A Stolen Season
Australia’s contribution to the Second Gulf War has not proved a fertile subject for literary fiction. Of the 75 books nominated for the Miles Franklin Award since 2003 there’s almost nothing about Iraq, Saddam Hussein or weapons of mass destruction.
There have, of course, been plenty of nonfiction books about Australia and the “coalition of the willing”, and Australian writers of popular adventure stories do occasionally use post-invasion Iraq as the dusty backdrop for bloody thrills and detonative spills. Even our poets have wrestled with the implications of the long and deeply unpopular war. Jennifer Maiden and the late J. S. Harry spring to mind.
And, yes, it’s possible to read, say, Gail Jones’s Sorry or Christos Tsiolkas’s The Slap or Brenda Walker’s The Wing of Night against the background of continuing conflict in the Middle East. But the last time a Miles Franklin Award-nominated book had any direct connection with Iraq was Joan London’s Gilgamesh – shortlisted in 2002. The date speaks for itself.
It’s a peculiar gap, especially when you consider how far British and particularly American fiction has explored every stage of the conflict, from the invasion to the surge. We don’t even have an equivalent to Ian McEwan’s Saturday, set during London’s massive anti-war rally. Is the invasion so irrelevant to contemporary Australian life?
Enter Rodney Hall. In his latest novel, A Stolen Season, Hall focuses on an Australian veteran who has undergone years of reconstructive surgery and therefore survived the horror of being blown up while escorting an investigative journalist around the city of Samarra in northern Iraq. (Samarra, the legendary place where appointments are made with death.) The journalist – a rigorous critic of the war – did not survive.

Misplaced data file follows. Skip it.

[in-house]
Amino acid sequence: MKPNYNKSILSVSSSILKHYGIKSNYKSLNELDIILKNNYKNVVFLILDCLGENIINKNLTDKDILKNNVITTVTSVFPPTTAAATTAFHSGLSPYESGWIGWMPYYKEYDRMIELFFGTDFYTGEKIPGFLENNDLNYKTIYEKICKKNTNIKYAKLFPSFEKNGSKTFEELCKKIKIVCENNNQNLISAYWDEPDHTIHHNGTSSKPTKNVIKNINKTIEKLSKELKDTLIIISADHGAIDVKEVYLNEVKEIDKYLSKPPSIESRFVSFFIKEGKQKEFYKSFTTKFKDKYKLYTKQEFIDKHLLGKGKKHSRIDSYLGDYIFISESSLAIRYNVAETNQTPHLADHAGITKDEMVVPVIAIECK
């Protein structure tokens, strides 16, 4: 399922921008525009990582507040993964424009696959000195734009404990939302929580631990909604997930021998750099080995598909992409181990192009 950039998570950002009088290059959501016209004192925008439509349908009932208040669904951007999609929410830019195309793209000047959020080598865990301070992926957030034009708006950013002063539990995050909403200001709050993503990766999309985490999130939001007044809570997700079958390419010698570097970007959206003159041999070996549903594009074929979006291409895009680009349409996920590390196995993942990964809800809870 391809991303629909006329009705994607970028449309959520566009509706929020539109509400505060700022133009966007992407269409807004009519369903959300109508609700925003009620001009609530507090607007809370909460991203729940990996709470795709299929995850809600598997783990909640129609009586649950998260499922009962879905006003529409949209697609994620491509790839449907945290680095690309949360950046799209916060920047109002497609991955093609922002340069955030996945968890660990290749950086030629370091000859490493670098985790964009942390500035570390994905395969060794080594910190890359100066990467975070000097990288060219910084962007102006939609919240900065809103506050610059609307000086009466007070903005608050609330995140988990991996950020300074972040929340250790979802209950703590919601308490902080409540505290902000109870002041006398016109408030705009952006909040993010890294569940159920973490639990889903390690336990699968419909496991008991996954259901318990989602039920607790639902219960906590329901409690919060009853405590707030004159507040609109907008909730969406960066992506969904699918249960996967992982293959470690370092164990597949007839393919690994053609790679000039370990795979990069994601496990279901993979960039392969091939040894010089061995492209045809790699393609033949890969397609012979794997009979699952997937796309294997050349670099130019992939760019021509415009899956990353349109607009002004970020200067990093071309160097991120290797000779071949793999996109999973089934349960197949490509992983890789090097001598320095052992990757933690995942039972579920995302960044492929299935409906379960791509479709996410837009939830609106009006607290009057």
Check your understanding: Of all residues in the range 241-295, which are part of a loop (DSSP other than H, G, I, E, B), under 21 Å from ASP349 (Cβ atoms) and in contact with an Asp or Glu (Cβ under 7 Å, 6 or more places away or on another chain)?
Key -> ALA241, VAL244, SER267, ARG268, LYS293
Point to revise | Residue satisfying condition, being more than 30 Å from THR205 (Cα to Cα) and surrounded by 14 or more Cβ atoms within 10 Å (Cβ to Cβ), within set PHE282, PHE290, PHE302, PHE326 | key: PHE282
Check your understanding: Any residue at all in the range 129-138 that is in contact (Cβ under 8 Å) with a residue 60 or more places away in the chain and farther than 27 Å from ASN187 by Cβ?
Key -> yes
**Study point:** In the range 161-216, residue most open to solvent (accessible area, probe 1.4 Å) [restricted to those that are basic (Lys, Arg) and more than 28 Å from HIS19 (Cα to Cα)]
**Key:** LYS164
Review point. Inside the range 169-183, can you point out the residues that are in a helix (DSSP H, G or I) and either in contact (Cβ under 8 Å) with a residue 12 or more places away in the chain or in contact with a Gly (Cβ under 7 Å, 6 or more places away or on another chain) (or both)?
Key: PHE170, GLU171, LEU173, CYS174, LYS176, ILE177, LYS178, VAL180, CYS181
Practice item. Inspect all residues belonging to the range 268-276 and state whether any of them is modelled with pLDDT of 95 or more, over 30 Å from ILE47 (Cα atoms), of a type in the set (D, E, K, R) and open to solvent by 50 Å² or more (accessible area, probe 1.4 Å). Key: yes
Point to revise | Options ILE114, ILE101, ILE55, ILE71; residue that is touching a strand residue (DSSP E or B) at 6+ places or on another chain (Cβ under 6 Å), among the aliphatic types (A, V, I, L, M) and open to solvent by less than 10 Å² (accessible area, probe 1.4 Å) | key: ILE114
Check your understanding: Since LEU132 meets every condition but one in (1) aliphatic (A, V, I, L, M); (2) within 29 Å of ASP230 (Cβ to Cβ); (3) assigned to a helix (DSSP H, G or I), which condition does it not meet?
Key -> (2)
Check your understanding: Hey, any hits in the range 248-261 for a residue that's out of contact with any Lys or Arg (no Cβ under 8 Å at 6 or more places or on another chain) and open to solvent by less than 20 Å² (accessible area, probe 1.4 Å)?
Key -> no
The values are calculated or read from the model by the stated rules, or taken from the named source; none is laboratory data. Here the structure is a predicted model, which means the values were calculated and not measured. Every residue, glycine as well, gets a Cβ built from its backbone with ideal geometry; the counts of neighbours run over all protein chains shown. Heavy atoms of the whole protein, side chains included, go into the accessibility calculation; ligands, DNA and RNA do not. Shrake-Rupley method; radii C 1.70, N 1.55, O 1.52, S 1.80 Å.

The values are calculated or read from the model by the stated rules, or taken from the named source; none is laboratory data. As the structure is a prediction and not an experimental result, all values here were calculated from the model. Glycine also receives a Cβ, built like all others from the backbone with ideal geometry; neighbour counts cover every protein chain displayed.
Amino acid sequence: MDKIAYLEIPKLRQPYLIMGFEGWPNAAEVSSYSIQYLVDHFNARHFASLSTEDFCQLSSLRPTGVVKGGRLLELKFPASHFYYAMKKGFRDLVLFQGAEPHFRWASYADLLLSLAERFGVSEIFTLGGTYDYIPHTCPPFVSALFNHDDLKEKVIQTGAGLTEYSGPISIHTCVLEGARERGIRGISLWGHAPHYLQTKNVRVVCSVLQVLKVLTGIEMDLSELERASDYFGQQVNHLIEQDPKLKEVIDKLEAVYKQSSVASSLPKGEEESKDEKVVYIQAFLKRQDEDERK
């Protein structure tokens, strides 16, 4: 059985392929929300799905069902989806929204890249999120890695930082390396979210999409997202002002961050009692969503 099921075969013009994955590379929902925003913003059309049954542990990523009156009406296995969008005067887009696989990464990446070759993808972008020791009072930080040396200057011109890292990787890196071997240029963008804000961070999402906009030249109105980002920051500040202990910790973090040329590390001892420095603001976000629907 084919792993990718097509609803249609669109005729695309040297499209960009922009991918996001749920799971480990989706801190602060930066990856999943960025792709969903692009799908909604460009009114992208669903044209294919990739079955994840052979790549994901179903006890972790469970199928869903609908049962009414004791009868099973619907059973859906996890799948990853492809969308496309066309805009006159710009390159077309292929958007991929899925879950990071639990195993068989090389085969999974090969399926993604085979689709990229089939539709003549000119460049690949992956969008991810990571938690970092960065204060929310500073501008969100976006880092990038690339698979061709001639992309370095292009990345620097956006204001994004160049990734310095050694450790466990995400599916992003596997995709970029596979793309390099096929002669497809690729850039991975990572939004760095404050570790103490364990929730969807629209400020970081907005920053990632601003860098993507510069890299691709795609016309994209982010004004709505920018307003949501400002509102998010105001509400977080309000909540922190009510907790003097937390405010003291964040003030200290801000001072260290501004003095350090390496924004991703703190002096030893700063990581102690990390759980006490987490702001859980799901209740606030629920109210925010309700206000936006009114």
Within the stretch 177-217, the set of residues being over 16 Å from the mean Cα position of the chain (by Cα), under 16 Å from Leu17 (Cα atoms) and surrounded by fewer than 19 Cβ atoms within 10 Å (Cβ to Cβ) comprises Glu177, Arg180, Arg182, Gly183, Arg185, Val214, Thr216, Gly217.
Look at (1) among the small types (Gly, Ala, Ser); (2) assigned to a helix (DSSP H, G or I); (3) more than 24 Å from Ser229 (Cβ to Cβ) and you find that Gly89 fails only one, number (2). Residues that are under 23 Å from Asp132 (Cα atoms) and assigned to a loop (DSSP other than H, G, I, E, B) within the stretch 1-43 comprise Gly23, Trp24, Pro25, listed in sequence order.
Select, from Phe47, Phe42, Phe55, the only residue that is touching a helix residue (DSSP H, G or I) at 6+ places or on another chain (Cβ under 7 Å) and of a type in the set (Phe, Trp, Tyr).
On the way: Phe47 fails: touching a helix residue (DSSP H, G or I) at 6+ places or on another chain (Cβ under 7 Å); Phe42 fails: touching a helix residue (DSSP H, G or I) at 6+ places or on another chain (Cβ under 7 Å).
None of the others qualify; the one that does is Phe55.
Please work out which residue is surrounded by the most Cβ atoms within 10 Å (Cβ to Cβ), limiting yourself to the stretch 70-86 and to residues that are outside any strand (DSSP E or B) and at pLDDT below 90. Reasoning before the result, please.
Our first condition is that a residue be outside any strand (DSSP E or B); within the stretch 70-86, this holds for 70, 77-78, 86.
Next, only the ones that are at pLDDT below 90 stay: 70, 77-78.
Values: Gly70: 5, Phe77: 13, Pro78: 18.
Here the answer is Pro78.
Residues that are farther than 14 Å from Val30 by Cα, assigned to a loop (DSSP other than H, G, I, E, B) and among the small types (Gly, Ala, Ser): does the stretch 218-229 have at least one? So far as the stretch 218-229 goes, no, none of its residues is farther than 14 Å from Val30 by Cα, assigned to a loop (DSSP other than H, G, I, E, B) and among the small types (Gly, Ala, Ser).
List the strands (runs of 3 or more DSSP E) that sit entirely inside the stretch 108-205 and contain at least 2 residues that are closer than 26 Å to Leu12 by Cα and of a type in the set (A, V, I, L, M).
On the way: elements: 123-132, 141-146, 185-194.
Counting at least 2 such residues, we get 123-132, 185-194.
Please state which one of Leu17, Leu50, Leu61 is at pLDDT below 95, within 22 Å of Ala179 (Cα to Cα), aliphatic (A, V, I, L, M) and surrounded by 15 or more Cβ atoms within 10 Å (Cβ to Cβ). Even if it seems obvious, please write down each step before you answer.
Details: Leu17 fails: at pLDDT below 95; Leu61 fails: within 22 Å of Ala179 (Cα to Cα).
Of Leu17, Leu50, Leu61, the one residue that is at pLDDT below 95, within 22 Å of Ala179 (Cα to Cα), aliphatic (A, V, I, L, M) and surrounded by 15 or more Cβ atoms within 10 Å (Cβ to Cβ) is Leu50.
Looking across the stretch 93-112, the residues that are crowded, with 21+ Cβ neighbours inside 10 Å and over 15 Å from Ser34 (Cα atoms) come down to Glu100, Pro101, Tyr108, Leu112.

The damaged vet has at last been released to the care of his wife. It’s an awkward situation because the army doesn’t know that the couple separated before his deployment. In fact, neither of them ever took their marriage seriously; it was just a fun thing they got into when they were young and nothing mattered. Now she dreams of packing her bags and fleeing, escaping a responsibility that feels like a life sentence.
Hall’s description of the unhappy couple’s life together in a quiet suburb in Melbourne has restraint, together with a bit too much repetition in the depiction of the grind of getting by, but there are occasional flashes of poetry, lyrical fragments that highlight how little the one-time soldier resembles his former self in anything but his capacity to desire:
The green glass bowl on the windowsill fills with light – a specimen flask of the perfect – pure light, sufficient to itself. Is this what joy feels like? ... The wise clear transparency in a shell of pain? Out there through the window suburban houses stand around like big pieces of ancestral furniture.
Does this decorate a feeling with too much metaphor? The feeling comes through anyway. Unlike the bowl, the wounded hero stays broken. He relies – God help him – on a high-tech exoskeleton controlled by neural implants to get around. And this contraption is not just sci-fi: it has some factual basis as Hall explains in his acknowledgements.